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Henson v. T-Mobile USA

United States District Court, Seventh Circuit

September 3, 2013

LISA HENSON, Plaintiff,
T-MOBILE USA, Defendant.


MATTHEW F. KENNELLY, District Judge.

Lisa Henson sued her former employer, T-Mobile USA (T-Mobile), for harassment and discrimination on the basis of her race and gender, and retaliation, in violation of Title VII of the Civil Rights Act of 1964, 42 U.S.C. §§ 2000e-2(a) & 2000e-3(a), and 42 U.S.C. § 1981(a). Judge Suzanne Conlon, who previously presided over the case, granted T-Mobile's motion for summary judgment on March 18, 2013. Henson v. T-Mobile USA, No. 12 C 3845, 2013 WL 1154434 (N.D. Ill. Mar. 18, 2013). Henson moved for reconsideration of that decision. The case was reassigned to the undersigned judge following Judge Conlon's retirement. This Court denies Henson's motion for the reasons stated below.

First, Henson contends that Judge Conlon improperly disregarded a number of her responses to T-Mobile's statement of material facts and matters set forth in her statement of additional facts. Henson contends that Judge Conlon was not obliged to strike her responses and statement of additional facts, that these materials did not run afoul of Local Rule 56.1's requirements, and that Judge Conlon applied the rules in a disparate manner by not striking certain provisions of T-Mobile's statement of material facts, which Henson says likewise violated the rule.

The Court disagrees. As Judge Conlon noted in her decision, "a district court is entitled to expect strict compliance with Rule 56.1" and may strike any statements of fact or responses to statements of fact that do not strictly comply. Ammons v. Aramark Uniform Servs., Inc., 368 F.3d 809, 817 (7th Cir. 2004). The Seventh Circuit gives district courts "considerable deference" in applying Local Rule 56.1. Little v. Cox's Supermarkets, 71 F.3d 637, 641 (7th Cir. 1995). The fact that Judge Conlon had the discretion to overlook Henson's violations of the rule does not render her decision to strike them erroneous. Id. ("[I]t is clear that the decision whether to apply the rule strictly or to overlook any transgression is one left to the district court's discretion."); see generally Oto v. Metro. Life Ins. Co., 224 F.3d 601, 606 (7th Cir. 2000) (motions for reconsideration appropriate only for "wholesale disregard, misapplication, or failure to recognize controlling precedent"). Based on this Court's review of the record, portions of Henson's responses to T-Mobile's statement of material facts and her statement of additional facts did in fact violate the rule. Thus Judge Conlon's decision to strike those responses and facts was not improper. In any event, Henson has not pointed to any contentions supported by admissible evidence in the record that Judge Conlon failed to consider in addressing T-Mobile's motion for summary judgment.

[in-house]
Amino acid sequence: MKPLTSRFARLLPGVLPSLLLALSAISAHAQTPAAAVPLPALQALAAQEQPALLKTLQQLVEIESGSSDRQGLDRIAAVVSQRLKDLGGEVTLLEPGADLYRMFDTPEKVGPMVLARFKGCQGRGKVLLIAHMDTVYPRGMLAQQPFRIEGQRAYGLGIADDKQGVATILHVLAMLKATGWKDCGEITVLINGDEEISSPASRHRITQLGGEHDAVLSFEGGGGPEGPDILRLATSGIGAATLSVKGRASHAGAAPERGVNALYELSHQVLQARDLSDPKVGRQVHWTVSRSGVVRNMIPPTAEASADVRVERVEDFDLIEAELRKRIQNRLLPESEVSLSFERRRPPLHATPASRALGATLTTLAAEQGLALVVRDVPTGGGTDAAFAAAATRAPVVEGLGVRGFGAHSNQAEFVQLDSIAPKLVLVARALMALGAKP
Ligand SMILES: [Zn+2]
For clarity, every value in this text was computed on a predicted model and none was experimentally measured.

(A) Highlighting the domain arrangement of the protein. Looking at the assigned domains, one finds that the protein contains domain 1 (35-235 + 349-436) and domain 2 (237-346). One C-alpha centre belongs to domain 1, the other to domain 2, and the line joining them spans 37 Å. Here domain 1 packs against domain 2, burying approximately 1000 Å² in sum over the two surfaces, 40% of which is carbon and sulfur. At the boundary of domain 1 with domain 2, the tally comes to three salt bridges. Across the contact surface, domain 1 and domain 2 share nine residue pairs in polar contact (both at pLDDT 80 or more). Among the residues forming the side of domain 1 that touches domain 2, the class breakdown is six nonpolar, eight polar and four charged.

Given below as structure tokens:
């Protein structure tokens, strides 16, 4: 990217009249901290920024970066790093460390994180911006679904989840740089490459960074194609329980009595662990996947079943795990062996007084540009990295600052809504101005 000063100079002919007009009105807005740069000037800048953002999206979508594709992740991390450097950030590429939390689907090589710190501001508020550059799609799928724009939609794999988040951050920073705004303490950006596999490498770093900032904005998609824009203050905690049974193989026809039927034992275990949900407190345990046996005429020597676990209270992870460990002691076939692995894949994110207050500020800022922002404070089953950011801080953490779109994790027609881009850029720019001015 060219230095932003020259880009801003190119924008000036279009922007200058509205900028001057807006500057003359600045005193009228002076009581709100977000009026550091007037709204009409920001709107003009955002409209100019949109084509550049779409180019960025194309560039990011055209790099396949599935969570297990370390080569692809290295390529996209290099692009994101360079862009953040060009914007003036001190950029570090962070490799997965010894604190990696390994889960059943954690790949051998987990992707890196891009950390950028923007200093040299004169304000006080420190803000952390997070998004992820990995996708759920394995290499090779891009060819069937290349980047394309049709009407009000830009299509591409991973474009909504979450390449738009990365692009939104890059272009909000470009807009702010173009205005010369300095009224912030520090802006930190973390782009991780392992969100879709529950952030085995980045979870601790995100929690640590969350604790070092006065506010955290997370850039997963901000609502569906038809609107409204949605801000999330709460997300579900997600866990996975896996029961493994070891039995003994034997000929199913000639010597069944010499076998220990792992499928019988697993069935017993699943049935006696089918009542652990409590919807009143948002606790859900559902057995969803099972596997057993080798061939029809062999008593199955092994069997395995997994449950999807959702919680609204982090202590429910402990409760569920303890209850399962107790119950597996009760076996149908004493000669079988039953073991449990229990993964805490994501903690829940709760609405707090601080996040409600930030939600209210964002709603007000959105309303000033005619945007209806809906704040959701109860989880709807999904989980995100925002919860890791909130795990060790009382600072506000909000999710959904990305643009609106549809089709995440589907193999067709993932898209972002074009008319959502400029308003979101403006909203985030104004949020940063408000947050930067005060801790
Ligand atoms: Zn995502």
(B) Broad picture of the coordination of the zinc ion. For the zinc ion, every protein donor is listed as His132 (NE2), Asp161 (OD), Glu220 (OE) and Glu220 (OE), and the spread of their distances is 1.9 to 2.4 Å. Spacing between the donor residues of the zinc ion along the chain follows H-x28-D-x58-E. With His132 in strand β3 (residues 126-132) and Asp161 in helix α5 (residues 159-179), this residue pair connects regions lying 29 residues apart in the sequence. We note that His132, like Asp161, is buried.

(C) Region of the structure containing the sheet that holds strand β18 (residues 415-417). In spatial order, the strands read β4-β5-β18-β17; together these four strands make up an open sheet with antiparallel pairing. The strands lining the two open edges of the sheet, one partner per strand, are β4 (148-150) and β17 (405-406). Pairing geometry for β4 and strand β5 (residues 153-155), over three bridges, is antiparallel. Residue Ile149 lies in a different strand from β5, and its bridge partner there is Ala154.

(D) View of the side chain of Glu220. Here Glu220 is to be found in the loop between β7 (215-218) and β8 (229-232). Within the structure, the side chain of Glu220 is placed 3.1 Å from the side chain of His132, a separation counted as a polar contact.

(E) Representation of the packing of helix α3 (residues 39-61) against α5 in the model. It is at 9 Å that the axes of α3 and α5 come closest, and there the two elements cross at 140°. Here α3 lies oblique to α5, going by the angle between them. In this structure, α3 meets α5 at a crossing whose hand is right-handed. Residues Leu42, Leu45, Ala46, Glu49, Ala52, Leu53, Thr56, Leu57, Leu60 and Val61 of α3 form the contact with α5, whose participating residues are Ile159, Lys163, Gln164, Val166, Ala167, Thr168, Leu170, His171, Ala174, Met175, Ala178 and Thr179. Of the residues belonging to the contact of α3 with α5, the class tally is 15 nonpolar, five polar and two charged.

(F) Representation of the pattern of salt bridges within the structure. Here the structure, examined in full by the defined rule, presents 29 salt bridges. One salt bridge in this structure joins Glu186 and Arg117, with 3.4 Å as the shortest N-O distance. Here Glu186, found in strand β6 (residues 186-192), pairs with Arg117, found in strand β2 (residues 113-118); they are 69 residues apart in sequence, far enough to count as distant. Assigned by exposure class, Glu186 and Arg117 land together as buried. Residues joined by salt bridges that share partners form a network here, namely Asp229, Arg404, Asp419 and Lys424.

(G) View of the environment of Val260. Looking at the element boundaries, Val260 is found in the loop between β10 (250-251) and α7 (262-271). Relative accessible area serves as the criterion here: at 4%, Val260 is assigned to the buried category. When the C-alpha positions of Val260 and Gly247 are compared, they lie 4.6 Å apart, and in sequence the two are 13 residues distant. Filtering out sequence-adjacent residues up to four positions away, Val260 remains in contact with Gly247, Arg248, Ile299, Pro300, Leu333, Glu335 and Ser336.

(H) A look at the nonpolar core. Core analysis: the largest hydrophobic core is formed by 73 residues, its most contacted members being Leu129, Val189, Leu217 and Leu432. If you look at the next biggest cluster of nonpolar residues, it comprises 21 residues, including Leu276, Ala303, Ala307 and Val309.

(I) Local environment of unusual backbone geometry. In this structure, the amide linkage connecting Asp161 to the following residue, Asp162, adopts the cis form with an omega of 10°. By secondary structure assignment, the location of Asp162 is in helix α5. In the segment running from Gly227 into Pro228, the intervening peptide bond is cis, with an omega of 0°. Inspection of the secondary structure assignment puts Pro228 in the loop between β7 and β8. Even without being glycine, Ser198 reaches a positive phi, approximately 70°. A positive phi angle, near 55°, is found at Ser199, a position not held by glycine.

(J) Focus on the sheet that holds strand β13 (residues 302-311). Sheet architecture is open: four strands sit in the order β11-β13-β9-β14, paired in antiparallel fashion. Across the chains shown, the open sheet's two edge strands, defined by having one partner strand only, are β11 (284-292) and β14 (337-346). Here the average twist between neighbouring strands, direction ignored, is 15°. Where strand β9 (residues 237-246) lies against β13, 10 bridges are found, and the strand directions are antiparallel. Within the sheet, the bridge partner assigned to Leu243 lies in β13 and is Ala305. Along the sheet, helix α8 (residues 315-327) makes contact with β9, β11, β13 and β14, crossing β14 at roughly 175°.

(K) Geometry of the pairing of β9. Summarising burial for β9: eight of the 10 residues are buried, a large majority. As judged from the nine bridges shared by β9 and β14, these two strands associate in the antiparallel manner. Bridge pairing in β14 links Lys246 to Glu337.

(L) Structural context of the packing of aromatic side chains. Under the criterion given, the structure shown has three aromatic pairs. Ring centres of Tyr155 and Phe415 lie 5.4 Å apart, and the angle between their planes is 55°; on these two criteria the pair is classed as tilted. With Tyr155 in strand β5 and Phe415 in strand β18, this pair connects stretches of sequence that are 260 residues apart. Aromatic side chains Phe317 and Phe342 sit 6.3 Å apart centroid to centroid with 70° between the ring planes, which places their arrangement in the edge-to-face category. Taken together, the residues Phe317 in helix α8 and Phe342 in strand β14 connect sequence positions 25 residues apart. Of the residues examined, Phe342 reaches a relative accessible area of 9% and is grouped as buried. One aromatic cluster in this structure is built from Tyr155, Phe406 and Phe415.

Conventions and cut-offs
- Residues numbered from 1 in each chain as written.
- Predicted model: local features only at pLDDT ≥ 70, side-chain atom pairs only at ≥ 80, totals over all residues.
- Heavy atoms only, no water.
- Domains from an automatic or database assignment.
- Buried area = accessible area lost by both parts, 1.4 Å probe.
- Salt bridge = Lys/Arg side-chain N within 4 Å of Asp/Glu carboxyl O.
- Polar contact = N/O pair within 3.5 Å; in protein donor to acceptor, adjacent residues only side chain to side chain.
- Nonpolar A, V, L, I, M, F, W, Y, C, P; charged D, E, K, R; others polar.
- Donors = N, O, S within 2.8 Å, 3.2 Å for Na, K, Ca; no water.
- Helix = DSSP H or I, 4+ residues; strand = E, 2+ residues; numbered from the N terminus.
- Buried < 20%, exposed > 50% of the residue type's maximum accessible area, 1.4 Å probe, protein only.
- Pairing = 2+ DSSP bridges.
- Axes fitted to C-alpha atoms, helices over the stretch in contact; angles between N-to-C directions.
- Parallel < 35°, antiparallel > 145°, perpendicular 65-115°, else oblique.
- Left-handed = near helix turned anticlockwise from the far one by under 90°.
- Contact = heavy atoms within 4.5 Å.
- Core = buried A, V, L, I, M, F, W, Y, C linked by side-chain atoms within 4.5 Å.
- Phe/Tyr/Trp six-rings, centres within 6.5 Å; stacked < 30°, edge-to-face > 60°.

Henson next argues that Judge Conlon erred when she concluded that the only actionable adverse employment action that T-Mobile took against Henson was her termination. Specifically, Henson contends that putting her on a performance improvement plan and locking her out of T-Mobile's sales database were actionable adverse actions. Henson did not argue in her response to the motion for summary judgment that the performance improvement plan was an adverse employment action. She has therefore forfeited this argument. See Oto, 224 F.3d at 606 ("A party may not use a motion for reconsideration to introduce new evidence that could have been presented earlier."). Yet even if this Court were to consider Henson's argument, the Seventh Circuit has held that performance improvement plans of the type at issue here do not amount to actionable adverse action. See, e.g., Davis v. Time Warner Cable of Se. Wis., L.P., 651 F.3d 664, 677 (7th Cir. 2011).

Judge Conlon addressed in detail Henson's argument that her inability to access T-Mobile's sales database constituted an actionable adverse action. Henson has not identified any manifest errors of law or fact in that analysis; she simply disagrees with Judge Conlon's conclusion. A motion to reconsider under Rule 59(e) of the Federal Rules of Civil Procedure is appropriate only when "the court misunderstands a party's arguments, or when the court overreaches by deciding an issue not properly before it." United States v. Ligas, 549 F.3d 497, 501-02 (7th Cir. 2008); see also Bank of Waunakee v. Rochester Cheese Sales, Inc., 906 F.2d 1185, 1191 (7th Cir. 1990) (reconsideration appropriate when court makes "error not of reasoning but of apprehension"). Henson has not produced any new evidence or argued that the law changed after the summary judgment ruling, nor does he argue that Judge Conlon misunderstood her arguments. Henson is free to seek review of Judge Conlon's decision before the Seventh Circuit on appeal, but a motion to reconsider is not the appropriate mechanism for a party to relitigate already-rejected arguments.

Finally, Henson contends that Judge Conlon erred when she concluded that Henson was not meeting T-Mobile's legitimate expectations. She does not cite to a single new fact or law to support her claims, however, but instead reasserts the same arguments that she made in her response to T-Mobile's motion for summary judgment. Like her request to reconsider what constituted adverse employment actions against her, this is not an appropriate basis for reconsideration.


For the reasons stated above, the Court denies Henson's motion for reconsideration [docket no. 56].

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